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Green Pound

Volume 978: debated on Monday 11 February 1980

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asked the Chancellor of the Exchequer whether the Treasury model can be programmed to take account of a 10 per cent. devaluation of the green pound; and if so whether he will circulate in the Official Reportinformation showing what is the medium-term and the ultimate effect of such a devaluation on (a) the retail price of common agricultural policy products, (b) the retail price of food, drink and tobacco generally, (c) incomes and (d) retail prices generally, assuming that factors other than incomes and prices remain unchanged.

Yes, the Treasury model does allow for changes in the value of the green pound.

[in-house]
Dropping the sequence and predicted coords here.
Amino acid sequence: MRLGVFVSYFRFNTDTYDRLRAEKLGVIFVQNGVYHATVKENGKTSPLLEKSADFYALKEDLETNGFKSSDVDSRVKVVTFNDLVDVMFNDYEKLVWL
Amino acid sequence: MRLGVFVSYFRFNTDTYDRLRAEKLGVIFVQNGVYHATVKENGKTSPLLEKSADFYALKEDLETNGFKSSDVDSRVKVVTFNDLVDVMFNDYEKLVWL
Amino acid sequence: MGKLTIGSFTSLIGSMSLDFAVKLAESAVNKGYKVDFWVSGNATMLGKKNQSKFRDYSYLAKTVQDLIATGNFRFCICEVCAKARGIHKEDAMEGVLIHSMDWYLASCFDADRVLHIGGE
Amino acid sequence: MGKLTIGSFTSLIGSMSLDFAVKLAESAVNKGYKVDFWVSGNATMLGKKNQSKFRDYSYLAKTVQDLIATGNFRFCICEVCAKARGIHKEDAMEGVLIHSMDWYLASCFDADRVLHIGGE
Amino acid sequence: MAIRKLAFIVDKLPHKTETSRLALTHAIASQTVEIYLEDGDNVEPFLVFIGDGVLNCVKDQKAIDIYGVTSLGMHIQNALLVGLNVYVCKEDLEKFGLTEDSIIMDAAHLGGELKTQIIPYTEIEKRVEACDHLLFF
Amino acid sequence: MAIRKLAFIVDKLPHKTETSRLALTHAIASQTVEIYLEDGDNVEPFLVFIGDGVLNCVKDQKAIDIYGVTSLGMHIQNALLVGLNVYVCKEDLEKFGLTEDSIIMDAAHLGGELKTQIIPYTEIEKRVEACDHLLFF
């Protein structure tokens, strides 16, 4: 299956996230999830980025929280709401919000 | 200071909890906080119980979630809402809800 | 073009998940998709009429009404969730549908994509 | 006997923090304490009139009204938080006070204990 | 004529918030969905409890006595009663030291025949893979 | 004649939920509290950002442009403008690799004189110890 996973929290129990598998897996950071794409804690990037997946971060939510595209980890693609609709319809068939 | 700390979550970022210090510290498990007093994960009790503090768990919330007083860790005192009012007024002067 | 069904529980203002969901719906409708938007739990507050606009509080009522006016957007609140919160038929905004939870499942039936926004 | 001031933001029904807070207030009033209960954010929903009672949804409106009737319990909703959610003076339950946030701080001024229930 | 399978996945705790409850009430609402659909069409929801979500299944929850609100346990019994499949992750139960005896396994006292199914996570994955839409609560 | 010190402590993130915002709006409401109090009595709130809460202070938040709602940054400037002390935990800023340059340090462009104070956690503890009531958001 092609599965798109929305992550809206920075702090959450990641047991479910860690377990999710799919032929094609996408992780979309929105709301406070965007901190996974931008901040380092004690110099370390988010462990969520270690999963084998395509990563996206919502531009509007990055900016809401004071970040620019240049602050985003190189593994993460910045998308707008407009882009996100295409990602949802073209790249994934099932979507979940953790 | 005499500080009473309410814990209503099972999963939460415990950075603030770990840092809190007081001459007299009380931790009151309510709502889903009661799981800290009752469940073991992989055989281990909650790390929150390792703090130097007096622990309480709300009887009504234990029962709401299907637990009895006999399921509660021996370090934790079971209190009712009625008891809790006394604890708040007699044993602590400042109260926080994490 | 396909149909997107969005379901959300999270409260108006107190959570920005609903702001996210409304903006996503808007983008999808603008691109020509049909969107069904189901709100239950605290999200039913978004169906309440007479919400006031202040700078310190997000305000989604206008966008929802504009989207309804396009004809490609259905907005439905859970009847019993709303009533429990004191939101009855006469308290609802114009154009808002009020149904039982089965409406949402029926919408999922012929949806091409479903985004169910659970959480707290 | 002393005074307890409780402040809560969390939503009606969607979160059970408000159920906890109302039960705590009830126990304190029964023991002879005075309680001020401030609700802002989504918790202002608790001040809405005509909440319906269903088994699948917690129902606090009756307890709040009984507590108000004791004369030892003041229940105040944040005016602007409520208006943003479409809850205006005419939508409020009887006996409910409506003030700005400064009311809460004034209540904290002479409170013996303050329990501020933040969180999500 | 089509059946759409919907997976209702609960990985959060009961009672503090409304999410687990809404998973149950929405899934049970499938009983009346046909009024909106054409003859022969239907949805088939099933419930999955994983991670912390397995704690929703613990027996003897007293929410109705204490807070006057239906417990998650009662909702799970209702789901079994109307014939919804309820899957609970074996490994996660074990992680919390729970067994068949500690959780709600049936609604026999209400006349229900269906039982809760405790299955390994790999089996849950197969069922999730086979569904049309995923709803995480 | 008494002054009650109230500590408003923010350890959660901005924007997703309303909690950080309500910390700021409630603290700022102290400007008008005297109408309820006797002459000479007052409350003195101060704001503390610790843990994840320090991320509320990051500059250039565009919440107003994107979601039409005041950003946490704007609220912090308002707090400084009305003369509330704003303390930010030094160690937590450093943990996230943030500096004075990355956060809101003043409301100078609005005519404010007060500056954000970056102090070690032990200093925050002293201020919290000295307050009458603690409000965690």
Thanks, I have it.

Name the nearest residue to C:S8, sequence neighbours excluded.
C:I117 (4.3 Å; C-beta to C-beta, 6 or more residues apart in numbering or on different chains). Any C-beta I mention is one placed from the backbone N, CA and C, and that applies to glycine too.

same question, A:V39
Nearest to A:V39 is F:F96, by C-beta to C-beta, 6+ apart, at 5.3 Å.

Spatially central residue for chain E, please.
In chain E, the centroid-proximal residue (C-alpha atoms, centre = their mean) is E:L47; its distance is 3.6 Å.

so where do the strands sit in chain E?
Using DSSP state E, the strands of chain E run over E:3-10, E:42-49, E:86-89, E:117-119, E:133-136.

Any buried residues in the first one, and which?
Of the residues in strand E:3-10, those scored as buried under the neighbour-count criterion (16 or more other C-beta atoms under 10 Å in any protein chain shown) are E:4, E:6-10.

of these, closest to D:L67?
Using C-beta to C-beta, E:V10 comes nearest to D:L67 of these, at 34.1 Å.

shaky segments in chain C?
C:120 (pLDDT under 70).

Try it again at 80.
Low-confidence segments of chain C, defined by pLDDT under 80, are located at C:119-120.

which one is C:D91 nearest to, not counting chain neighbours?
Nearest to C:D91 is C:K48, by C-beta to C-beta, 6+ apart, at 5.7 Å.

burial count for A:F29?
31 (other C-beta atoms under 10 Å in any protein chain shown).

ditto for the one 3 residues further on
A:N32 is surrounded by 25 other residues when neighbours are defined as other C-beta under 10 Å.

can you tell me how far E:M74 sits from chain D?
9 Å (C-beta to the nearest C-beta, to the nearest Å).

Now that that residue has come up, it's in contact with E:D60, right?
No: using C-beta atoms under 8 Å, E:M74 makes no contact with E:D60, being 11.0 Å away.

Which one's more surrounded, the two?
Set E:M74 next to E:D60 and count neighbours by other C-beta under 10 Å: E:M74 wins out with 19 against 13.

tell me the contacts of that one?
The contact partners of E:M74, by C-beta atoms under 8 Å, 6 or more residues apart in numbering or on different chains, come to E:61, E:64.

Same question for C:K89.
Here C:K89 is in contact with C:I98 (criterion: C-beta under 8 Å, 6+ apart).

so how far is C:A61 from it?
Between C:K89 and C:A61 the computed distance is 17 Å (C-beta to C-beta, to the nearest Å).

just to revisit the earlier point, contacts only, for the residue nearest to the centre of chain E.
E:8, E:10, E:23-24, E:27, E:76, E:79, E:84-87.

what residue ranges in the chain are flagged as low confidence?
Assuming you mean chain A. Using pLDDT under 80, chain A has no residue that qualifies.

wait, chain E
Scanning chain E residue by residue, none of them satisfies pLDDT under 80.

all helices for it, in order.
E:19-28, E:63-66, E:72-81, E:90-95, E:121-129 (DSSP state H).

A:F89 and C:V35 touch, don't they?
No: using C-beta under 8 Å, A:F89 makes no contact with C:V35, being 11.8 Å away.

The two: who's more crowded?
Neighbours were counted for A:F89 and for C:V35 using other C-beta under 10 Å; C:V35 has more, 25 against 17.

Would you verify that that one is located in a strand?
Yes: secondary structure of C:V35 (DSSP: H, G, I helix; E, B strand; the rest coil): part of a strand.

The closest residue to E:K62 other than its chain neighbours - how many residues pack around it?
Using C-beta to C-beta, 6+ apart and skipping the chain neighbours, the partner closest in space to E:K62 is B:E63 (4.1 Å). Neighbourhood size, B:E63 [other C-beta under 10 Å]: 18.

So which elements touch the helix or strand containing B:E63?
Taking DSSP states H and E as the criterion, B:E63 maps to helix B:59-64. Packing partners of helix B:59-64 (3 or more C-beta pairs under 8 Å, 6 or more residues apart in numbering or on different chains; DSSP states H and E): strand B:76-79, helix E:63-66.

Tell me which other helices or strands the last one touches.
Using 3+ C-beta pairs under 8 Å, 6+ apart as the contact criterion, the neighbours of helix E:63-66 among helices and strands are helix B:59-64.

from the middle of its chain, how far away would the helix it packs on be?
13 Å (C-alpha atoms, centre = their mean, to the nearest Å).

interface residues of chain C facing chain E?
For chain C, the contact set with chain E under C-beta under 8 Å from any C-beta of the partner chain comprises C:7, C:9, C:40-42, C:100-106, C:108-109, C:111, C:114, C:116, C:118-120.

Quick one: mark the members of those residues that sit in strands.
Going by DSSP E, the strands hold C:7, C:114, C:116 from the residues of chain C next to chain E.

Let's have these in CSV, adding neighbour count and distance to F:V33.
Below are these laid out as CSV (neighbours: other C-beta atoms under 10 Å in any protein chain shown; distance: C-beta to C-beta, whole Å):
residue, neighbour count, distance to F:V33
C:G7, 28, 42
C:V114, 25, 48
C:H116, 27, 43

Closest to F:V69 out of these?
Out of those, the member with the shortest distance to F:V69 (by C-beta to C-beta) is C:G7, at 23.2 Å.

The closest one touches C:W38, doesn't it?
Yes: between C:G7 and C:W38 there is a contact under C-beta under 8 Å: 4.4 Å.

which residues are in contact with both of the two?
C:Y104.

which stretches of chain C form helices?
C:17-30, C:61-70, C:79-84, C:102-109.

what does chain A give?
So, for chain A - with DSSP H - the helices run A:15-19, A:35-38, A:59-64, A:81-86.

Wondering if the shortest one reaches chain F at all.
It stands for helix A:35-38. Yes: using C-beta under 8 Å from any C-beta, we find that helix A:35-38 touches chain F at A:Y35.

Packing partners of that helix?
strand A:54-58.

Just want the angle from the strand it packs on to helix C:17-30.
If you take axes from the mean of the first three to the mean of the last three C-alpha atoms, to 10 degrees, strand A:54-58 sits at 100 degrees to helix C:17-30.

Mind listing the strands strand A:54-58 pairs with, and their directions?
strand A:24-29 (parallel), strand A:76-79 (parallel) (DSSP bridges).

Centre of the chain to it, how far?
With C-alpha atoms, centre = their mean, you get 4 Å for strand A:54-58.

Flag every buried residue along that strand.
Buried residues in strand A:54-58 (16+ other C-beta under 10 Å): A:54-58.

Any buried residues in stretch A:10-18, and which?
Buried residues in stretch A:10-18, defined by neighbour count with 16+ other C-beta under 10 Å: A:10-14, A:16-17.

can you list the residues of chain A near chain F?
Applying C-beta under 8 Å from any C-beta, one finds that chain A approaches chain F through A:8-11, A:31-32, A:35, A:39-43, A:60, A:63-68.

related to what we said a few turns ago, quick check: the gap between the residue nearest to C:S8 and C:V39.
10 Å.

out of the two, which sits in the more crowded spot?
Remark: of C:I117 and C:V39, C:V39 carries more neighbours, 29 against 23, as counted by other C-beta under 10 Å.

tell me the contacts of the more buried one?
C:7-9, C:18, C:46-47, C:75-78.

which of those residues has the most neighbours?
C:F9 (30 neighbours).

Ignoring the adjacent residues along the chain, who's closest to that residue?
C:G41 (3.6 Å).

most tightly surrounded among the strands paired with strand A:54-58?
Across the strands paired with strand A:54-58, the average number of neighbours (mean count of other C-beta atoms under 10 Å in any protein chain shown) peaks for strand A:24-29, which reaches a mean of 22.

I am not prepared to make calculations based on a simulation of a macroeconomic model of the effects of the particular change requested by the hon. Member, for the reasons given by the Minister of State in his recent reply to the hon. Member for Newham, North-East (Mr. Leighton) on 14 November [Vol 973, col. 622]. However, as a rough rule of thumb it has been estimated that a 10 per cent. green pound devaluation, other things being equal, would eventually add about 2 per cent. to the retail food prices index, and about ½ a per cent. to the overall RPI. There is currently no published retail price index for the products covered by the common agricultural policy. The speed with which the RPI adjusts will depend, among other things, on the timing of the introduction of the devaluation. The effect on incomes is more uncertain. While consumers in general would suffer a fall in real incomes owing to higher food prices, the incomes of United Kingdom farmers would rise since home production of CAP products would become more profitable.